The Cayman Islands government is seeking changes that would require local companies to have all outstanding pension, healthcare and other labor-related issues resolved before renewing their trade and business licenses.

The requirement for up-to-date pension and healthcare payments for employees exists within the current licensing law but contains the caveat that a company is not compliant only if it is “not taking the necessary actions to resolve such non-compliance.” In other words, actions to resolve non-payment of pensions or healthcare premiums can be in progress rather than already done.

An amended Trade and Business Licensing Bill made public this week will attempt to change the current legal language to state “the [license] applicant has not taken the necessary steps to resolve the non-compliance.”

The requirement will not be in place for new businesses that are applying for their first trade and business license and are therefore not carrying on business at the time their application is submitted.

The Legislative Assembly is due to meet in mid-March to resolve the legislation.

Business non-payment of pensions, in particular, but also of healthcare premiums has plagued the Cayman Islands almost since legislation requiring those benefits for private sector employees were put into place.

The former Complaints Commissioner’s Office reported in 2014 that more than 1,000 local companies were at some stage of delinquency in paying their workers’ pensions. Cayman Islands law requires private sector workers to pay 5 percent of their annual salaries – up to a maximum salary of $87,000 per year – toward their retirement funds. Employers must also contribute a matching 5 percent.

By all accounts, the process for enforcing non-payment of pensions is slow and largely seeks to gain compliance from the employer, rather than punishing them for delinquencies.

In one delinquency case that came before the court last week, Summary Court Magistrate Angelyn Hernandez said the reality was that people had been waiting 10 years for their money. The matter referenced was repeatedly adjourned and, she said, it continued as a situation in which, “Maybe they [the employers/defendants] will pay and maybe they won’t pay, it’s making a mockery of the system.”

Non-payment of healthcare premiums is less widespread. Health Insurance Commissioner Mervyn Conolly said in 2016 that more than 90 percent of the islands’ residents had healthcare coverage in some form. However, there are some residents who do not have coverage, which pushes them back onto the public sector “safety net” if they have no other options.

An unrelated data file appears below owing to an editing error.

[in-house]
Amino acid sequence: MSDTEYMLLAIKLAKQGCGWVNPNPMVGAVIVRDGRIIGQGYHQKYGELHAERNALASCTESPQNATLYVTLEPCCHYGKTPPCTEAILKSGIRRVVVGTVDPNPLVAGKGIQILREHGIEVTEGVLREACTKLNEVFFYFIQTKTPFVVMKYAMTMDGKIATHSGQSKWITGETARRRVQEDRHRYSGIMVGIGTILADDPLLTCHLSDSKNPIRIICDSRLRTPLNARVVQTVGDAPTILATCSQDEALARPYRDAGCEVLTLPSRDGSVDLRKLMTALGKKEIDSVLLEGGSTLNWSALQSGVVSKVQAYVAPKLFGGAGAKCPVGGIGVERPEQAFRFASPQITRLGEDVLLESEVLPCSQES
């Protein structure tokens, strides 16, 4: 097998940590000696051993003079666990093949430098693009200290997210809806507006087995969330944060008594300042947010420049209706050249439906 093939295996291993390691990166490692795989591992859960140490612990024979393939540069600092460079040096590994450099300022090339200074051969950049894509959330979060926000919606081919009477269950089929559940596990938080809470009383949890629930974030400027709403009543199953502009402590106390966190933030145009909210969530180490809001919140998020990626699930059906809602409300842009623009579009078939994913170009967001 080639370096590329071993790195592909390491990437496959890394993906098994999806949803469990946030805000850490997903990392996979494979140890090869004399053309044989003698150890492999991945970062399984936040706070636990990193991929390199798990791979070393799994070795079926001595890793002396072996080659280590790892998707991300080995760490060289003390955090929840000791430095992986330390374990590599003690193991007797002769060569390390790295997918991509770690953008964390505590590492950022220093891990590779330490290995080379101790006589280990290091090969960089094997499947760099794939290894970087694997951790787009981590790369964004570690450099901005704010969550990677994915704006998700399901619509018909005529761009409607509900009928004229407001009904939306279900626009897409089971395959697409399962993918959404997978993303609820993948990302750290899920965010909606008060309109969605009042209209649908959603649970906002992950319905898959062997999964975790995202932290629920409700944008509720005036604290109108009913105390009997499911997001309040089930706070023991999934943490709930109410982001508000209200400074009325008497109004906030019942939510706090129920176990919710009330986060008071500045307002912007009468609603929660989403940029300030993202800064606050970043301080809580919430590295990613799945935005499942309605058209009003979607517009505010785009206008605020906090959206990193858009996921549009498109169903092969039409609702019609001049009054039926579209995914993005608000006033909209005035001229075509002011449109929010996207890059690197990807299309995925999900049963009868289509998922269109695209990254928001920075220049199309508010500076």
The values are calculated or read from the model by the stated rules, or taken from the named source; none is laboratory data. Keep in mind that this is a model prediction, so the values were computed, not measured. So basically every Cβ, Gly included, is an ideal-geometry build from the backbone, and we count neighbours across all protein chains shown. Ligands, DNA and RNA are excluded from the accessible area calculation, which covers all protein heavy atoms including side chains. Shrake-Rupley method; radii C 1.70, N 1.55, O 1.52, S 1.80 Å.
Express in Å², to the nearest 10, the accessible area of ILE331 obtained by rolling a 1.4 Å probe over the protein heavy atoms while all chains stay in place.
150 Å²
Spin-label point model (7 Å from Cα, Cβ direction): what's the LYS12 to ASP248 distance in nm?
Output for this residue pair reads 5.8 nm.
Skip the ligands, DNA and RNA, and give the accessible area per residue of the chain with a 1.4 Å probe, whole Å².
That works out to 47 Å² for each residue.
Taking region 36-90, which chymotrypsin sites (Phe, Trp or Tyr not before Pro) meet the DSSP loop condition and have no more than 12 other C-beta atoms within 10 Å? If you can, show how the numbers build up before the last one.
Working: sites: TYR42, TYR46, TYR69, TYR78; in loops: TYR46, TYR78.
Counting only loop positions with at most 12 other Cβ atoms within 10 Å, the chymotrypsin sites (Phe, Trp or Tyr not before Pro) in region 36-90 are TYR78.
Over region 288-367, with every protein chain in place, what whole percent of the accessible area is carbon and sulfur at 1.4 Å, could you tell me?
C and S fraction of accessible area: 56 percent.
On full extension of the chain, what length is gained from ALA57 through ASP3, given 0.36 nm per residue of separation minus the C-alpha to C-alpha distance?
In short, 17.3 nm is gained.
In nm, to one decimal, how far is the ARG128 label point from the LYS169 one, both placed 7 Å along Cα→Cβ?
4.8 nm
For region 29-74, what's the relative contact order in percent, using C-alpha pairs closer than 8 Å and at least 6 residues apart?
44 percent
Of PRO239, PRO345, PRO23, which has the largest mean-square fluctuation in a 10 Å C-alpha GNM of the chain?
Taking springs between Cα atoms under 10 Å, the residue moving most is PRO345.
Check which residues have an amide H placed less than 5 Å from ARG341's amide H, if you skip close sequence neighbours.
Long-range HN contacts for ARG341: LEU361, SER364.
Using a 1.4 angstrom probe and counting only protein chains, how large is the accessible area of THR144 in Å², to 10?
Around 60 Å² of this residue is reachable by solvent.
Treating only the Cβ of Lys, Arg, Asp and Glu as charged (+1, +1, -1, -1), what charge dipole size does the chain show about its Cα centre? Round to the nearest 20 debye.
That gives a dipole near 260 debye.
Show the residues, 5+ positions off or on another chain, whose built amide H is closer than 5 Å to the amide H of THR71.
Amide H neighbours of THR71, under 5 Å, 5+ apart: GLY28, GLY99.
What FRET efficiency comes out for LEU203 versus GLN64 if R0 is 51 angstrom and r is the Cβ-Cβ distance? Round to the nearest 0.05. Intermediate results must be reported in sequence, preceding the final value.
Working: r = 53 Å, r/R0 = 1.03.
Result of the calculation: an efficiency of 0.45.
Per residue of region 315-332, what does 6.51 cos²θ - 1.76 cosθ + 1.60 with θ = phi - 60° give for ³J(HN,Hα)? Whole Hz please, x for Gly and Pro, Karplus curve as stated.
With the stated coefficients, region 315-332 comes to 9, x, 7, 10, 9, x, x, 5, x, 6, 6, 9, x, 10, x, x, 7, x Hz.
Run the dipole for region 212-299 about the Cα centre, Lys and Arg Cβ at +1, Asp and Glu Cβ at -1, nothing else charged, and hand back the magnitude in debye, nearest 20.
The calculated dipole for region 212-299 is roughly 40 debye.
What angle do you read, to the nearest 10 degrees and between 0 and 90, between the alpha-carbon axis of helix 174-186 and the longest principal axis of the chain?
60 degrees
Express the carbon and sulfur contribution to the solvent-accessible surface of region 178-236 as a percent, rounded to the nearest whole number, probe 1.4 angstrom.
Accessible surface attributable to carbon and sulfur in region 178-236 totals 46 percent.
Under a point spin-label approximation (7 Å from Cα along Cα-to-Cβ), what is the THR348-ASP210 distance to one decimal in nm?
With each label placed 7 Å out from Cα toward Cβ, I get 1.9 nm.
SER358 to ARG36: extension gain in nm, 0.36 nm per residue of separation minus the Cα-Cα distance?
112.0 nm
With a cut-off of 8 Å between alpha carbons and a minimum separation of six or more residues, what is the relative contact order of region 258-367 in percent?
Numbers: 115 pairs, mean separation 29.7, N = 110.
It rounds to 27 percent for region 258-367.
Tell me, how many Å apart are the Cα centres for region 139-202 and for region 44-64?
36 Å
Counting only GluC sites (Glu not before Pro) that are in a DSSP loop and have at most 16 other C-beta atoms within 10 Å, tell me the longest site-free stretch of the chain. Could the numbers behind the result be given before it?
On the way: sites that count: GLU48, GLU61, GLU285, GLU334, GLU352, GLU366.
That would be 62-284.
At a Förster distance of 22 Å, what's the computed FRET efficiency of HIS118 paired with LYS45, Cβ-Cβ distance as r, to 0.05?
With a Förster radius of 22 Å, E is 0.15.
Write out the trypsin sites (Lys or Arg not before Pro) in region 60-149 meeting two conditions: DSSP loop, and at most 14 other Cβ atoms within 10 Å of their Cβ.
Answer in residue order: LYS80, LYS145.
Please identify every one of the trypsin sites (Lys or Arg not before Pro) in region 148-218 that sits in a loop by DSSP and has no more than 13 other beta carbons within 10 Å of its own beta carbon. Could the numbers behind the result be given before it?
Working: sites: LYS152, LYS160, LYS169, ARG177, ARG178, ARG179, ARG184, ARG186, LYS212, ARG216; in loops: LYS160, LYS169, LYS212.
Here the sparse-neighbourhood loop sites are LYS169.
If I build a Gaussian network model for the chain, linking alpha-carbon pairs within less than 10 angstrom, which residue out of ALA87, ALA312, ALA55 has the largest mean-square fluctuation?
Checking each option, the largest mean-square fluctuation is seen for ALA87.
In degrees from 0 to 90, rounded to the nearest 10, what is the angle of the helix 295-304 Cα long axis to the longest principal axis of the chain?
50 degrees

The situation has not improved Cayman’s overall outlook for healthcare liability. The government estimates, as of 2017, there is a 20-year present value liability of $1.7 billion for healthcare premiums just for retired civil servants, their dependents and uninsured individuals.

Other changes

The government seeks to make additional changes to the Trade and Business Licensing Law that would exempt Caymanians from some of its current requirements.

For instance, a current copy of a utility bill would no longer be required of a Caymanian applicant for licensing, if the amendment bill passes. Also, police clearance certificates for Caymanian applicants would only be required in the licensing application process for a “license in a sector for which the board determines that a police clearance certificate is required.”

Those business sectors that might require a police clearance are not stated in the amendment bill. To make things easier, business license applicants can permit the Trade and Licensing Board to receive information directly from the agency on behalf of the applicant. So if someone needs to apply for a police clearance, they can allow the board to receive that information directly from the police.

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  1. Government has always led the way in paying out hundreds of millions of dollars for it’s employee medical and pension plans, however unlike the private sector they do it with taxpayers money so it’s a painless process for them.